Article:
The Most Crucial Factors In A Child Custody Case

Child custody is an emotional subject for all divorcing couples. No parent wants to be separated from their child, nor do they want their child not to get the love from a specific parent. Courts usually give the most priority to the child’s best interests. They pay attention to what the child needs, rather than what the parents want. 

Since courts want the best for all children of divorce, they consider various factors before awarding child custody to any parent. All of these factors determine whether a parent deserves to stay with the child or not. For any help regarding child custody matters, contact an Ottawa Divorce Lawyer

Factors in a child custody case

  1. The wishes of the parents. 

Even though the court prioritizes the child’s wishes, it does not ignore the parents’ wishes. The court asks each parent whether they want full custody of the child. If a parent says they do not wish to live with the child, the court will certainly not send the child to them. However, it does become complex when both parents ask for full custody. 

  1. The wishes of the children. 

Though the Ottawa court realizes that small children cannot decide for themselves and their decisions can often be biased, they still want to know the child’s preferences of whom they want to live with. However, if the court notices that the child chooses the parent who is likely to spoil them more than the other parent, it may not pay heed to their choice.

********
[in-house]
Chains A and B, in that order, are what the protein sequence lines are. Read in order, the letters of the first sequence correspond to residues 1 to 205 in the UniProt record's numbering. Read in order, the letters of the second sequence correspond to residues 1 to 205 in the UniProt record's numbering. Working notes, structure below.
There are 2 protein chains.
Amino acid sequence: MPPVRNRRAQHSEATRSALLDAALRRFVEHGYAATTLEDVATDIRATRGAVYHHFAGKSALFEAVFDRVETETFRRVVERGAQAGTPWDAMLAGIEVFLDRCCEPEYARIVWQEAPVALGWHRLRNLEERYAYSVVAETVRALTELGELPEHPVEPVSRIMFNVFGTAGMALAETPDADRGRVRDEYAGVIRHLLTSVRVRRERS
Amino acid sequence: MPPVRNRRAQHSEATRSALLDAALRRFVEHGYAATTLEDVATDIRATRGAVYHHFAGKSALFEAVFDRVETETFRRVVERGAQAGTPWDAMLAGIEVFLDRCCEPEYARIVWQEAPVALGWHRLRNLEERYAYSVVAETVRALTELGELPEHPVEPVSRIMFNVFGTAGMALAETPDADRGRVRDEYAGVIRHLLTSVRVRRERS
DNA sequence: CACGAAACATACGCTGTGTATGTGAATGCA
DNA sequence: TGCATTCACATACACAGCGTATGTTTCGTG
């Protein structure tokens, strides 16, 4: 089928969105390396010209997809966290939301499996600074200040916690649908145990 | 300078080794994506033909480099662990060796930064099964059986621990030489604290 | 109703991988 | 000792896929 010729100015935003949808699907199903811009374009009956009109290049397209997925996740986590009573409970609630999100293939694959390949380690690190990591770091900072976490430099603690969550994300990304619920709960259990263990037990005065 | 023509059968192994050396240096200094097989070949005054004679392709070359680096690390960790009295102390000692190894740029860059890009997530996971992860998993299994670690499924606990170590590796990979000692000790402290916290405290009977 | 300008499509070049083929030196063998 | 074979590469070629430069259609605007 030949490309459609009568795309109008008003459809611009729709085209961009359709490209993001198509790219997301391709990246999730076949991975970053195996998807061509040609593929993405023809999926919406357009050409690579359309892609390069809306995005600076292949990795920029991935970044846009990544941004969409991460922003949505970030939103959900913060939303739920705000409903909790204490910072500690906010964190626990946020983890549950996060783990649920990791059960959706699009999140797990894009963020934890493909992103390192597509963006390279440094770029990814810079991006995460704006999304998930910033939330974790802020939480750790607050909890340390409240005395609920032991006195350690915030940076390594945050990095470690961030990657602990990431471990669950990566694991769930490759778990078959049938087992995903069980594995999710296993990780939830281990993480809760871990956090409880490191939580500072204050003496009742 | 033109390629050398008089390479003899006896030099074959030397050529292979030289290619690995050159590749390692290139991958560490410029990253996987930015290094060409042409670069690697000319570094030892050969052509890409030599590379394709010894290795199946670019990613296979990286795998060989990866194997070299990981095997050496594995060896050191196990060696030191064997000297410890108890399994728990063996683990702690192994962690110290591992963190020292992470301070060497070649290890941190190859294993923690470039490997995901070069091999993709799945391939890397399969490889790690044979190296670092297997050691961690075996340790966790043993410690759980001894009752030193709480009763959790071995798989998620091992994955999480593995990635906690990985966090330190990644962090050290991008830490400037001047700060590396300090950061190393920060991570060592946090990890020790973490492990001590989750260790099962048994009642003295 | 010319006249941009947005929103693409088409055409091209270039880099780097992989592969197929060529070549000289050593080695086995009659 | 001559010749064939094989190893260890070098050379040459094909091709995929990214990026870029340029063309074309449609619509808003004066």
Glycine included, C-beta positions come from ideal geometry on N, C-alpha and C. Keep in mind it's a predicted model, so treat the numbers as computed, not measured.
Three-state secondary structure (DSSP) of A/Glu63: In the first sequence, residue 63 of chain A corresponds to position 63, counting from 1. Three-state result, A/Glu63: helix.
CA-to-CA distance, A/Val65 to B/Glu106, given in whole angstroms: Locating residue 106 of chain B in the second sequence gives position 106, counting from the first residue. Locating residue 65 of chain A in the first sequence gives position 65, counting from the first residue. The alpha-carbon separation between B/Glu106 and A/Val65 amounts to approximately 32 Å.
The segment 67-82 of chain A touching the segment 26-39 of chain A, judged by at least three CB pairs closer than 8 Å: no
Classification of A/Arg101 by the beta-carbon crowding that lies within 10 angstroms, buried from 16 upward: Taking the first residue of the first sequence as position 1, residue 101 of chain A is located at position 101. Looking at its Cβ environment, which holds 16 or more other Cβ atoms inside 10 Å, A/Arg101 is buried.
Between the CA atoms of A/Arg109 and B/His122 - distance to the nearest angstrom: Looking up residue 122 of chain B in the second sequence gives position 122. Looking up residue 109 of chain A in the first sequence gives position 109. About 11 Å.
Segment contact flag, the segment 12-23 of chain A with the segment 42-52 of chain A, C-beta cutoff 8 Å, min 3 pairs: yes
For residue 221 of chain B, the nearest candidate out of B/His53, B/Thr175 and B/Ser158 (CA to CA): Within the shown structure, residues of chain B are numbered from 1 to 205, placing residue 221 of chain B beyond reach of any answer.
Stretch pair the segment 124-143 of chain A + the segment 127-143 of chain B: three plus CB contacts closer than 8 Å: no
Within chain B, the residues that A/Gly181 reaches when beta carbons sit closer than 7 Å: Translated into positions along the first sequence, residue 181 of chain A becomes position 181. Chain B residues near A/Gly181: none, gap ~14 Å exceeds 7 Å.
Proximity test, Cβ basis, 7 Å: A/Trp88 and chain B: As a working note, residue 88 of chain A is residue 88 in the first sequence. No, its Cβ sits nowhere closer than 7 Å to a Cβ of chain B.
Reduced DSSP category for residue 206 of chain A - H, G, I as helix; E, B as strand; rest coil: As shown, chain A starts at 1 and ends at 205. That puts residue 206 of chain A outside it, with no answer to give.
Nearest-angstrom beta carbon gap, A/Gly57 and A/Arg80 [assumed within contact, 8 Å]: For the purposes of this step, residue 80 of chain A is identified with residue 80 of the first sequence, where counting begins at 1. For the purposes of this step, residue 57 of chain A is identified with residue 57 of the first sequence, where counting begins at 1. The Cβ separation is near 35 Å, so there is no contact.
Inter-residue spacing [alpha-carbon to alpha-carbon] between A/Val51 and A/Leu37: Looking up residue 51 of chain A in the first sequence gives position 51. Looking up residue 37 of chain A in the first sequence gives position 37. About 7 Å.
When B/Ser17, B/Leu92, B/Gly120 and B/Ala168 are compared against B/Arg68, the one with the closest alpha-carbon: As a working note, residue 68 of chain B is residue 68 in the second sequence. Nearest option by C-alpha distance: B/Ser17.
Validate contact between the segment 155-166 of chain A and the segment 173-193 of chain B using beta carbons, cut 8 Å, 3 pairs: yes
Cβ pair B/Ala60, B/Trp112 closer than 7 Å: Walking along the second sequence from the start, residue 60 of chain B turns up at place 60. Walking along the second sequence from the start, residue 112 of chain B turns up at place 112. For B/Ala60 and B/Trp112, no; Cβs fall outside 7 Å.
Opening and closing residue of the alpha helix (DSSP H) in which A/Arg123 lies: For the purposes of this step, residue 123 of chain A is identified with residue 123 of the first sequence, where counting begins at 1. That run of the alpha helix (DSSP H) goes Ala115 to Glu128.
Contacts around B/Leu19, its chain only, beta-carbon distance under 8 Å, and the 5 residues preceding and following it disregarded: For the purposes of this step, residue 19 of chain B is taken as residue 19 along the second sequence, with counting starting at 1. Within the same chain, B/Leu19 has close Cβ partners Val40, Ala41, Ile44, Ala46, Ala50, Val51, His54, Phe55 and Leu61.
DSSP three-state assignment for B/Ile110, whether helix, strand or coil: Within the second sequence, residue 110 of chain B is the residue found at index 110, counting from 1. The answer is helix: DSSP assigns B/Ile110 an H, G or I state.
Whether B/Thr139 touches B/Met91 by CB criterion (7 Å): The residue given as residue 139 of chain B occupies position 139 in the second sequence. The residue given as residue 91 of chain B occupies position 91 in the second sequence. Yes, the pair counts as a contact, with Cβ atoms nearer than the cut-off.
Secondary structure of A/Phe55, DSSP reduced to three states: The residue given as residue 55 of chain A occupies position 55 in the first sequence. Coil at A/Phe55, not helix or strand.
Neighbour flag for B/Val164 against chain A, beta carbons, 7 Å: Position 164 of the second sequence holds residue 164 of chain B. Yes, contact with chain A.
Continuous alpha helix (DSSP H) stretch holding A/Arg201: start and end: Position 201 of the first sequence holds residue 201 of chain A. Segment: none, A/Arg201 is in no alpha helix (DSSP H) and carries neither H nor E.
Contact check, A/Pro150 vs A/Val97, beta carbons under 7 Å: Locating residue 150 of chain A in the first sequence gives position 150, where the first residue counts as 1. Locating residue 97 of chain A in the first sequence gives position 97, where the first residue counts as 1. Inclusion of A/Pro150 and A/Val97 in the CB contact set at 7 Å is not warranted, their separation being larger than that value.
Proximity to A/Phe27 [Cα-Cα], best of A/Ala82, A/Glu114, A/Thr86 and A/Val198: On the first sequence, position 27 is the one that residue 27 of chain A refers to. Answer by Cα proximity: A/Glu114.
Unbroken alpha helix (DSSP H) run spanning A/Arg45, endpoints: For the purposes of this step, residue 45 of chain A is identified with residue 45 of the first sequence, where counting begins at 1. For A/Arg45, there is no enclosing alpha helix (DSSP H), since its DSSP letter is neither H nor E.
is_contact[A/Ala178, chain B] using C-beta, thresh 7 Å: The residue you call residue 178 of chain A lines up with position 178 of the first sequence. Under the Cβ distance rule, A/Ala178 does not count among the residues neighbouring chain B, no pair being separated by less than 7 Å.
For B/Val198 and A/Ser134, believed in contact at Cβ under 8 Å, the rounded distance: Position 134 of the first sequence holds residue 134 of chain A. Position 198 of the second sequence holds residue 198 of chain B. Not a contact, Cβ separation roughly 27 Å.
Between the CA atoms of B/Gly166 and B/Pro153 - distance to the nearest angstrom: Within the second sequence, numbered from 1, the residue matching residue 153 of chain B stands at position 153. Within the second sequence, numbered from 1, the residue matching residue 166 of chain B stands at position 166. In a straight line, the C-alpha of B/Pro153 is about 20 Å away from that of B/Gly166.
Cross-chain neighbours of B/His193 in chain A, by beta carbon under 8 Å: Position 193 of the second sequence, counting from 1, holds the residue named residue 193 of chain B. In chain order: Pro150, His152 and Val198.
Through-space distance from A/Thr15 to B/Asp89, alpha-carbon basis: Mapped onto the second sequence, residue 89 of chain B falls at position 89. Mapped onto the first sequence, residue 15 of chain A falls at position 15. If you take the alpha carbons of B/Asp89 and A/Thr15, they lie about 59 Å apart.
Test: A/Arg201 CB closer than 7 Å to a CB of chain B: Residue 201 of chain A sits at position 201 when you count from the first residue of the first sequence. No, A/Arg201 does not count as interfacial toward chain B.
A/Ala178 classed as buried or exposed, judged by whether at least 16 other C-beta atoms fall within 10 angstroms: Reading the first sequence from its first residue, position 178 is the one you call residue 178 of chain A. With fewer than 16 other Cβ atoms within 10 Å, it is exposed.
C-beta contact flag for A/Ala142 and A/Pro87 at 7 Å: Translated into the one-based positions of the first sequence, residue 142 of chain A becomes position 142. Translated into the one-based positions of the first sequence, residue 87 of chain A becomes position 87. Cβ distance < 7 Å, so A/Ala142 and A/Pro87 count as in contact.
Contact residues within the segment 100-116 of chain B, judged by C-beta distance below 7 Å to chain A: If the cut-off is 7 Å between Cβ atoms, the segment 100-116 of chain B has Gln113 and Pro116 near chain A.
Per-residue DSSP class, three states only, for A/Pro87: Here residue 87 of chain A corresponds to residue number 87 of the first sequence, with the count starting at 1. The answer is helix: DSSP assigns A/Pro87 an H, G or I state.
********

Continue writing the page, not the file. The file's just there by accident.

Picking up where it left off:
1. Each parent’s relationship with children before the divorce. 

Whether you are good with your children is a significant factor in a child custody case. In some cases, parents who were never close to their children during the marriage may suddenly start spending more time with them during the divorce to make it seem like they have a close-knit relationship with them. 

However, sometimes this act may be genuine as well. Therefore, the court takes its time to evaluate how pure the parent’s intentions are before announcing a decision. 

  1. Mental and physical health of the parents. 

If one of the parents is mentally or physically unwell, the court may make a different accommodation for the child. Even if the parent has a good relationship with the child and the child prefers to live with them, the court won’t award child custody to someone who does not have the physical or emotional strength to raise a kid. 

  1. Abuse or neglect. 

The court is very strict when it comes to abuse or neglect. No child should ever endure abuse or feel neglected by their own parent. If a parent has a history of abuse or neglect, the court is less likely to favor them.